John Harper (died 1742) was an English actor. He was known for comic parts.
Harper originally performed at Bartholomew Fair and Southwark Fair; a performance for his benefit at William Bullock's booth in Birdcage Alley, consisting of The Jew of Venice, songs and dances, and the drunken man by Harper, was announced in The Daily Courant of 24 September 1719.
On 7 November 1719 at Lincoln's Inn Fields Harper was the original Montmorency in Charles Beckingham's Henry IV of France. He remained at Lincoln's Inn Fields until 1721. On 27 October 1721 his name appears as Sir Epicure Mammon in The Alchemist at Drury Lane. Here he remained for eleven years, taking parts for a low comedian. For some years he was the Falstaff of Drury Lane, and was more popular in the part than his rival James Quin. He also played the king in King Henry VIII, and in Virtue Betrayed by John Banks.
Harper was one of the participants in the Actor Rebellion of 1733 and seceded from Drury Lane. John Highmore, the theatre's patentee, made him the target of a test legal action under the Vagrant Act, 12 Queen Anne; and on 12 November 1733 Harper was committed to Bridewell, as a vagabond. On 20 November he came before Lord Hardwicke, Chief Justice of the King's Bench. It was pleaded on his behalf that he paid his debts, was well esteemed by persons of condition, was a freeholder in Surrey, and a householder in Westminster. He was discharged amid acclamations on his own recognisance.
On 21 October 1738 Harper's name appeared in the Drury Lane bills in a favourite part, Cacafogo in Rule a Wife and have a Wife. Soon afterwards he had a stroke of paralysis. He died on 1 January 1742.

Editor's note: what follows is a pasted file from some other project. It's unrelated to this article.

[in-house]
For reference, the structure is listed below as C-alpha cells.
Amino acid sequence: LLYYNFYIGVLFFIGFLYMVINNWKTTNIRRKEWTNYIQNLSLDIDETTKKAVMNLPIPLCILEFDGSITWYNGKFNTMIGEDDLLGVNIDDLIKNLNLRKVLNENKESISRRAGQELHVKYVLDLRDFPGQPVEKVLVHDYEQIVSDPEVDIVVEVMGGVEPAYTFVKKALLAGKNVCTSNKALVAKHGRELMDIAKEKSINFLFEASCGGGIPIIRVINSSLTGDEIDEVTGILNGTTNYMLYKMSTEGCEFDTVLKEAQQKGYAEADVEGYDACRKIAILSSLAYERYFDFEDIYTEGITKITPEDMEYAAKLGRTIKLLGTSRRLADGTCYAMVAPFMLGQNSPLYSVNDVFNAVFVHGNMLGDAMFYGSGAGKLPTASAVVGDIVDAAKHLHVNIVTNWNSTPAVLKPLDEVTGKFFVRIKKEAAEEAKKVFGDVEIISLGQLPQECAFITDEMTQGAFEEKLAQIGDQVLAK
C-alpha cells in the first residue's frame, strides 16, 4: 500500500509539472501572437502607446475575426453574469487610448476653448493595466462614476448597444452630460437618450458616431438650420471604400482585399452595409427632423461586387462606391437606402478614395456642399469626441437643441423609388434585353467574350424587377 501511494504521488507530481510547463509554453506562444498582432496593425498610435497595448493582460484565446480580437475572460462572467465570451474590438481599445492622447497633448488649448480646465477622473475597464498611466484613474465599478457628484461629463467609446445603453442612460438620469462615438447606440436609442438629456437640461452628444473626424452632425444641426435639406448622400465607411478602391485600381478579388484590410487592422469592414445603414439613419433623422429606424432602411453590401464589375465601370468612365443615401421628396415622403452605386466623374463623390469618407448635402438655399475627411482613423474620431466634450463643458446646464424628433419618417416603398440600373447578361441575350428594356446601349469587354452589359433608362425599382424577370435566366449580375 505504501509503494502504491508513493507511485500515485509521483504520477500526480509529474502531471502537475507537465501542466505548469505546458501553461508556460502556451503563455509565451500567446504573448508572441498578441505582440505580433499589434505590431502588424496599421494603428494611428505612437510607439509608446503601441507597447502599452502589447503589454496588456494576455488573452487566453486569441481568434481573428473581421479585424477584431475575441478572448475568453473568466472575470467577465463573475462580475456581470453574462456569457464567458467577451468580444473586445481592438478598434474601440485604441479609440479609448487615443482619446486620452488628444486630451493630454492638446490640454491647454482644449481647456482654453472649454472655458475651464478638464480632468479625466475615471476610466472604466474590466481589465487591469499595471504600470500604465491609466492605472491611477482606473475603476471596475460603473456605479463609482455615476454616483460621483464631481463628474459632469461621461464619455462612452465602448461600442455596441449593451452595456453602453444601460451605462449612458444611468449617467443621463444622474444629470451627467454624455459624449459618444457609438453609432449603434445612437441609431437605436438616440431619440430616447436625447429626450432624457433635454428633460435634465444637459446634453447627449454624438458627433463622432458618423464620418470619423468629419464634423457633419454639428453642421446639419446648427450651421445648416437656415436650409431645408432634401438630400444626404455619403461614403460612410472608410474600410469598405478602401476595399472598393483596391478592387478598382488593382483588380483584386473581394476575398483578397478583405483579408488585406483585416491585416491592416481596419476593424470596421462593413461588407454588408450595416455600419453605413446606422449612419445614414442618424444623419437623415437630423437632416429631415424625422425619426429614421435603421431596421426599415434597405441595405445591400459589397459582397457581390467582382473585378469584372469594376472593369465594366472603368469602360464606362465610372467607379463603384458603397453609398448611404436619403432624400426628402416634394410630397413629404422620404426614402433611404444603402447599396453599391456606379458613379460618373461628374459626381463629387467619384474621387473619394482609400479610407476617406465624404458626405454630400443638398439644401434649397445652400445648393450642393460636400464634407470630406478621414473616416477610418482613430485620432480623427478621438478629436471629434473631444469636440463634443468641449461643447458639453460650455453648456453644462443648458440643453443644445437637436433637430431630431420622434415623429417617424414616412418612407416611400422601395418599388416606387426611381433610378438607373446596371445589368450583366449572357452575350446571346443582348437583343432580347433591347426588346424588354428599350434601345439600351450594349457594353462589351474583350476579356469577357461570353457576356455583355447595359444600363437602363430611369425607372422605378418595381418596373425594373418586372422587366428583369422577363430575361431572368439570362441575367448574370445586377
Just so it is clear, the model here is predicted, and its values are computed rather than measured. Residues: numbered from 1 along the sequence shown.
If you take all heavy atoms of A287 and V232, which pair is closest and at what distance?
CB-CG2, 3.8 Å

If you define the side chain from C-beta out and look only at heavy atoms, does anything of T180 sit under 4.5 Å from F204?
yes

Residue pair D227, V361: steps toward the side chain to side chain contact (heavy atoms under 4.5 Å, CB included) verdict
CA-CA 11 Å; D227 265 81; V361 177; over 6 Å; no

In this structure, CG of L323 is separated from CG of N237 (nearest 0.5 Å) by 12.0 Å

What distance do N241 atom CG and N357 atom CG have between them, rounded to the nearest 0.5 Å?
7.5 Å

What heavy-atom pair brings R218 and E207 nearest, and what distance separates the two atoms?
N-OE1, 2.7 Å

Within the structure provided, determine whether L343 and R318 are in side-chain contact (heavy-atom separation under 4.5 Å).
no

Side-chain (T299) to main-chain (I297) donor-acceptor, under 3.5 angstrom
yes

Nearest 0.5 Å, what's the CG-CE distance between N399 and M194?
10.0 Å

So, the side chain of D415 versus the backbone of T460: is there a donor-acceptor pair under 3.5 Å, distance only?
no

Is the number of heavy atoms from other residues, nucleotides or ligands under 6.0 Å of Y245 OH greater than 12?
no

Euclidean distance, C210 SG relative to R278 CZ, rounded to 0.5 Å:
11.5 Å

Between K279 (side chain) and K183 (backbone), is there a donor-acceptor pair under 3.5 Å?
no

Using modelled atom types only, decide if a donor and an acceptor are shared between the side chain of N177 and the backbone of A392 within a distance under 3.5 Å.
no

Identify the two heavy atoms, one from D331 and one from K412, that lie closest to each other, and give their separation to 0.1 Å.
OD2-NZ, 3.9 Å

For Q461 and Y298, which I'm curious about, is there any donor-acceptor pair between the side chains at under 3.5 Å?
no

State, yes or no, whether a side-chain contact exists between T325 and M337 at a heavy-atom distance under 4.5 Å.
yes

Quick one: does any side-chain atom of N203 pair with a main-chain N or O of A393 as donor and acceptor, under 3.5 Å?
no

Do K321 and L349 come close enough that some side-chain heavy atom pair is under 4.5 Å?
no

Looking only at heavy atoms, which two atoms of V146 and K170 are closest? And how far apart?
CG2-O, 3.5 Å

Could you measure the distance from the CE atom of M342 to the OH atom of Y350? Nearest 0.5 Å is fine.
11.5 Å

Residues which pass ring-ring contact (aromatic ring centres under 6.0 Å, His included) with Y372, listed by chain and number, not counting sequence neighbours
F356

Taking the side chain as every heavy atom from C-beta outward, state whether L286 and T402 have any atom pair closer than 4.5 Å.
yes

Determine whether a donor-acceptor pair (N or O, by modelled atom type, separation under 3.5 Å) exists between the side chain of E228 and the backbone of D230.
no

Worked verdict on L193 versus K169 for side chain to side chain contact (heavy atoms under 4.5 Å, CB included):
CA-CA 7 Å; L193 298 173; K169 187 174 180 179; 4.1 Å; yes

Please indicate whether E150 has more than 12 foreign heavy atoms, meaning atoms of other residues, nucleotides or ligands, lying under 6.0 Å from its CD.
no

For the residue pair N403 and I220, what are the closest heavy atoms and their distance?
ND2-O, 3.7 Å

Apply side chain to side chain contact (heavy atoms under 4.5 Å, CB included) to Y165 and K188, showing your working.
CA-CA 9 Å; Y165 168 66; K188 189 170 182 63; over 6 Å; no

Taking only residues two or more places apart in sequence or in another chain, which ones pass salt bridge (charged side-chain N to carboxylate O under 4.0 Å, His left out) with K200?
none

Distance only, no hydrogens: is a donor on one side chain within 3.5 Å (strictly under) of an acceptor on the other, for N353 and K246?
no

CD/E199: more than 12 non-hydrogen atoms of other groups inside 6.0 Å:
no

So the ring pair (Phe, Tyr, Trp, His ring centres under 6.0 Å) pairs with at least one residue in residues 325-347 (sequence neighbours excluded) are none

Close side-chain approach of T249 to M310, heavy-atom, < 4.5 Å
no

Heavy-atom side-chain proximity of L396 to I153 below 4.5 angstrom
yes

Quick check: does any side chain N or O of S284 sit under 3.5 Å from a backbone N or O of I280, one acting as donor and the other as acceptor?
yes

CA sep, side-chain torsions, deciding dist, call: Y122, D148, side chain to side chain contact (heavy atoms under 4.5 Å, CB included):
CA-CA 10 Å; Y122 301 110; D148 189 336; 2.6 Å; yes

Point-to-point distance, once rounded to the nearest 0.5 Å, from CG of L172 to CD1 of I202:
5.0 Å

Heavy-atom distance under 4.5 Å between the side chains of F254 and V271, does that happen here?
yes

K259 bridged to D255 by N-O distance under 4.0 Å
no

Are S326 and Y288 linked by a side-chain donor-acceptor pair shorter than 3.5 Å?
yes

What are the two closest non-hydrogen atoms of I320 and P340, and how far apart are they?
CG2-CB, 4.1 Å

- Grogram in Kensington Gardens by John Leigh (1719)
- Montmorency in Henry IV of France by Charles Beckingham (1719)
- Loadham in The Half-Pay Officers by Charles Molloy (1720)
- Sir Roland Heartfree in Whig and Tory by Benjamin Griffin (1720)
- Old Hob in Hob's Wedding (1720)
- Tally in The Artifice by Susanna Centlivre (1722)
- Shamble in A Wife to be Let by Eliza Haywood (1723)
- Blunt in The Impertinent Lovers by Francis Hawling (1723)
- Sir Oliver Bruin in The Rival Modes by James Moore Smythe (1727)
- Sir Positive Trap in Love in Several Masques by Henry Fielding (1728)
- Aegon in Love in a Riddle by Colley Cibber (1729)
- Sir Nicholas Wiseacre in The Village Opera by Charles Johnson (1729)
- Crispin in Bayes's Opera by Gabriel Odingsells (1730)
- Hobson in The Devil to Pay by Charles Coffey (1732)
- Sir Lubbardly Block in The Modish Couple by James Miller (1732)
- Constable in Caelia by Charles Johnson (1732)
- Ticket Renter in The Lottery by Henry Fielding (1732)
- Woodall in The Modern Husband by Henry Fielding (1732)
- Galleypot in The Mother-in-Law by James Miller (1734)
- Colonel Raffler in The Universal Gallant by Henry Fielding (1735)
- Sir Humphrey Henpeck in The Man of Taste by James Miller (1735)
- Porco in The Universal Passion by James Miller (1737)
- Booswell in The Coffee House by James Miller (1738)
- ^ a b c d e Stephen, Leslie; Lee, Sidney, eds. (1890). . Dictionary of National Biography. Vol. 24. London: Smith, Elder & Co.
- ^ During the season of 1719–20 he played Teague in The Committee by Sir Robert Howard, and was the first representative among other characters of Grogram (a mercer) in The Pretenders by John Leigh, and Sir Roland Heartfree in Benjamin Griffin's Whig and Tory.
- ^ Playing among other parts Dr. Caius in the Merry Wives of Windsor, and Ajax in Troilus and Cressida.
This article incorporates text from a publication now in the public domain: Stephen, Leslie; Lee, Sidney, eds. (1890). "Harper, John (d.1742)". Dictionary of National Biography. Vol. 24. London: Smith, Elder & Co.